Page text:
Montreal symphony teams up with Inuit, Cree & Innu artists to launch new opera

The Montreal Symphony Orchestra hopes its new opera Chaakapesh: The Trickster's Quest, will be seen as a respectful partnership with Indigenous artists, following this summer’s controversy over the shows SLAV and Kanata.

Chaakapesh: The Trickster's Quest will tour Indigenous communities from Sept. 10-19

The Montreal Symphony Orchestra hopes its new opera Chaakapesh: The Trickster's Quest, will be seen as a respectful partnership with Indigenous artists. (Radio-Canada)

"Have you ever heard a cricket before?"

It's a strange question to hear at an orchestra rehearsal, but it's the question Kent Nagano is asking his percussionist, who is doing his best to make a ribbed wood block chirp the way the maestro wants.

It's one of the final rehearsals for Chaakapesh, the new opera written by Cree librettist Tomson Highway and composed by Matthew Ricketts, that tells the story of a trickster caught in the belly of a whale.

A few more flicks of the wrist and the percussionist coaxes his instrument into letting out a short sharp peep, earning a nod and a "better" from Nagano.

It's just one example of the attention to detail that seems to have gone into crafting this ambitious new work, which will see a scaled-down OSM travel more than 4,000 kilometres across Quebec's north, from Nunavik to Eeyou Istchee, to Nitassinan, to play for — and with — Inuit, Cree and Innu communities.

At each stop of the tour, a local Indigenous artist will join the orchestra on stage to perform during a show within the show. (Radio-Canada)

It's a project the OSM hopes will be seen as a respectful partnership with Indigenous artists and communities, especially in the wake of this summer's controversy over cultural appropriation, diversity and representation in Quebec's art scene.

"For us, it was really about respect from the beginning," said Marc Wieser, the OSM's project manager for the new opera and upcoming tour.

"When we approached Tomson [Highway], we asked him what he thought. What sort of piece he could write from his experience that would also fit what we were looking for, rather than telling him to do something."

For Highway, an award-winning playwright and novelist, there was no hesitation.

"All of the sudden my phone rang and it was Kent Nagano," he said. "It's sort of like getting a phone call from Celine Dion asking you to write her a song. I mean do you say no? No! I said yes, immediately!"

Kent Nagano is the music director of the Montreal Symphony Orchestra. (Radio-Canada)

Wieser said ever since the OSM's 2008 trip to three communities in Nunavik, the orchestra has wanted to do something bigger and better. It finally happened thanks to a Canada Council new chapters grant, that, among other things, helps with the hefty airfare costs.

But Wieser adds the OSM wanted to branch out and create links with Cree and Innu communities as well. And it wanted Indigenous artists to partner in creating the work.

For example, depending on which community the orchestra is in, the opera will be narrated in Inuktitut, by throat singer Akinisie Sivuarapik, in Cree, by film producer Ernie Webb or in Innu by singer-songwriter Florent Vollant.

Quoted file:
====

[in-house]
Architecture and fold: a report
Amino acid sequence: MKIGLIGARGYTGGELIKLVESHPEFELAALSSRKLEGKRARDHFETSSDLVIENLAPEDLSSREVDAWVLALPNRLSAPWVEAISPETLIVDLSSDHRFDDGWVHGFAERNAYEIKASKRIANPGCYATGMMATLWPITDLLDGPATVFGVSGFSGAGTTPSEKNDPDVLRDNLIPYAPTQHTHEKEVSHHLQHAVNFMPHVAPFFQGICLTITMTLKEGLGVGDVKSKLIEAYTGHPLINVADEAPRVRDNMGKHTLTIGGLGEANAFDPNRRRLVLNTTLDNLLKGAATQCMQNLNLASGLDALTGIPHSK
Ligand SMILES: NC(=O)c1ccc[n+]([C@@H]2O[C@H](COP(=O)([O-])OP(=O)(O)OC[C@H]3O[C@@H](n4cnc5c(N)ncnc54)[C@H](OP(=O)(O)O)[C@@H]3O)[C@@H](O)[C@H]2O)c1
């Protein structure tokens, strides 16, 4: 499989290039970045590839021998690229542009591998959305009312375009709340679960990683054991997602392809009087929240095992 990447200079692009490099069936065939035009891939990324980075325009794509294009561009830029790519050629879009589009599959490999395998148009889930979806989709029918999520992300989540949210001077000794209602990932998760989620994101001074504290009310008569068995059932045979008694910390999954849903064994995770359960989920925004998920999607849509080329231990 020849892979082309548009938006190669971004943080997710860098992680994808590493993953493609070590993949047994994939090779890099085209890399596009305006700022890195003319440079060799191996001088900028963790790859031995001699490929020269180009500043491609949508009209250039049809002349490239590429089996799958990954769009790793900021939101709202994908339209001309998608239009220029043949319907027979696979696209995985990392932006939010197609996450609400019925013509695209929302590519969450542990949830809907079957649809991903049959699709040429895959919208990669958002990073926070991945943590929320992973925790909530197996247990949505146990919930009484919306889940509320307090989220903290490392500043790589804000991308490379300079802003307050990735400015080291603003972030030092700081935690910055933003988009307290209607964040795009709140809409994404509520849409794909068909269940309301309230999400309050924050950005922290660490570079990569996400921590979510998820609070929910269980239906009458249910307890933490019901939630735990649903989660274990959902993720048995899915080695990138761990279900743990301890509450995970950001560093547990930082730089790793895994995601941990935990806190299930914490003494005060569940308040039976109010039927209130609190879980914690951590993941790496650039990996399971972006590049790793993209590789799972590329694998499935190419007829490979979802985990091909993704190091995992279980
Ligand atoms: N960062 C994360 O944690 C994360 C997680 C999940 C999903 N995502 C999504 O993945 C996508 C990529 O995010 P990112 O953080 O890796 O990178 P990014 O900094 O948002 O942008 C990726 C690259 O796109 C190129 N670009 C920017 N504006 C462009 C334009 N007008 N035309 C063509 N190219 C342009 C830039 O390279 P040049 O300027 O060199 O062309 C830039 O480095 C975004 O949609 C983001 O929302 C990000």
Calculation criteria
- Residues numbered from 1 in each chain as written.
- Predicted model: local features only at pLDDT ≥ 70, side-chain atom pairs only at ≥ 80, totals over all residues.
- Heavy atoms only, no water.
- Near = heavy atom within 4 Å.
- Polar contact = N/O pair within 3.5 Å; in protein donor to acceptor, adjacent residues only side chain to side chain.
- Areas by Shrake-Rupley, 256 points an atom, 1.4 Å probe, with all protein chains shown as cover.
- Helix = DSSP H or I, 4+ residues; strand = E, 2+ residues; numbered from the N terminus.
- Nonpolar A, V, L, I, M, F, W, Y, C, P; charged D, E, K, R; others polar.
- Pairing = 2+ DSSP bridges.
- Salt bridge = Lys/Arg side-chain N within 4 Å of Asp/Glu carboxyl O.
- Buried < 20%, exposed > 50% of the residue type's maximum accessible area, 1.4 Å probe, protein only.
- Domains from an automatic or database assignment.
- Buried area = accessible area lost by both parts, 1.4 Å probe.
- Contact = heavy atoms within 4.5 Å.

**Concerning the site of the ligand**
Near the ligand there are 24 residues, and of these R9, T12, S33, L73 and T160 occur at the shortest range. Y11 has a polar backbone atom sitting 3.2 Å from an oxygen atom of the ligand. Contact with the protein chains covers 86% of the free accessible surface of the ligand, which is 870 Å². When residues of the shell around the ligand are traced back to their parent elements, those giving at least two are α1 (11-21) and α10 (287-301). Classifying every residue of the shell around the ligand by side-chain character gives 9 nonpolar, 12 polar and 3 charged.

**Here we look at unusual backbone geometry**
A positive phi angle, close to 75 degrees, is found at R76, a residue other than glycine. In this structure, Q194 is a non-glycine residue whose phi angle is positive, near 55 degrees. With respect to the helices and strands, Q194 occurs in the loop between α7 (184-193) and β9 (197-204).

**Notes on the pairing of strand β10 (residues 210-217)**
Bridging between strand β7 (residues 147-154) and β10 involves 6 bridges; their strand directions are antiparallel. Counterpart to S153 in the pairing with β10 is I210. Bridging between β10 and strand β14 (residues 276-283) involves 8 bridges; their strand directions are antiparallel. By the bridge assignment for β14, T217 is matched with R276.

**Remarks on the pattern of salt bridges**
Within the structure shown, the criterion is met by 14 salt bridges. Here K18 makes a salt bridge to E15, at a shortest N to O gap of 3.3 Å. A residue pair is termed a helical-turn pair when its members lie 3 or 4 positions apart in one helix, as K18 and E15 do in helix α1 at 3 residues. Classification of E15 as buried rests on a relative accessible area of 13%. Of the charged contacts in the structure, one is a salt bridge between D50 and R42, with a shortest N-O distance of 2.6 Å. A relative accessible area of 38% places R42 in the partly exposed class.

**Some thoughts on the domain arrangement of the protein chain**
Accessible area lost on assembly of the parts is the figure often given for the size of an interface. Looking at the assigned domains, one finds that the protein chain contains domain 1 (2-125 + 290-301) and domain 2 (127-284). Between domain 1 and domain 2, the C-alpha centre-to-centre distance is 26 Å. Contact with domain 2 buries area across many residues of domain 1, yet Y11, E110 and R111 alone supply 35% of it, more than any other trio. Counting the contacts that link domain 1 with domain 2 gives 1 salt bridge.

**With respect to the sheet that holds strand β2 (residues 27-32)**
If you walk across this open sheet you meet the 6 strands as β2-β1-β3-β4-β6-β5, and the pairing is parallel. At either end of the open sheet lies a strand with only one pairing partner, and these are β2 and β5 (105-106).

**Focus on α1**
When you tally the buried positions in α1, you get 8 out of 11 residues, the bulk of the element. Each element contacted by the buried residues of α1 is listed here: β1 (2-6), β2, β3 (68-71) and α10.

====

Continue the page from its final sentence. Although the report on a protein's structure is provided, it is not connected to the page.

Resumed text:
"It really helps because it's also preserving our language," said Sivuarapik, who is from Puvirnituq. "Our language is very important in our culture. It makes us who we are. So I'm very proud that the OSM is doing this."

As well, at each stop of the tour, a local Indigenous artist will join the orchestra on stage to perform during a show within the show.

Tenor Owen McCausland learned to sing in Cree for the show. (Radio-Canada)

The two opera singers in Chaakapesh, baritone Geoffroy Salvas and tenor Owen McCausland — both non-Cree speakers — learned to sing in Cree for the show.

Wieser said this summer's controversy over the Robert Lepage productions SLAV and Kanata, did prompt the OSM to take a second look at whether it was treating the languages and cultures of its collaborators with respect.

"We invited some people in to talk to our administrators about cultural appropriation, about respectful practices of engagement," Wieser said. "In the end, that we were staying true to our initial intention which was to be respectful, to have an open spirit of learning."

Tomson Highway is the writer behind the new opera, Chaakapesh: The Trickster's Quest. (Radio-Canada/Jean-Francois Villeneuve)

Tomson Highway sees things a bit differently.

"I believe in a total artistic liberty. I really do. For me it's a religion," said Highway, who took some artistic licence with the Chaakapesh story, combining it with the Bible story of Jonah and the whale, and transplanting it from its original location of Lake Superior, to the Gulf of St. Lawrence, to give it a Quebec setting. 

"If I were to listen to the voices that say cultural appropriation this and cultural appropriation that, I'd be silenced," he said.

Wieser responds that it's important for artists like Highway to feel like they have that freedom, but hints that organizations like the OSM need to have an eye on the bigger societal picture.

"It's just as important for administrators like us, to do the work of making sure that... as an institution, we're not silencing anyone."


Chaakapesh: The Trickster's Quest will be performed in Kuujjuaq on Sept 10, in Salluit on Sept 12, in Kuujjuarapik on Sept 14, in Oujé-Bougoumou on Sept 17, in Mashteuiatsh on Sept 18 and in Uashat mak Mani-Utenam on Sept 19.

About the Author

Ainslie MacLellan

Ainslie MacLellan is a journalist at CBC Montreal. Follow her on Twitter: @CBCAinslie.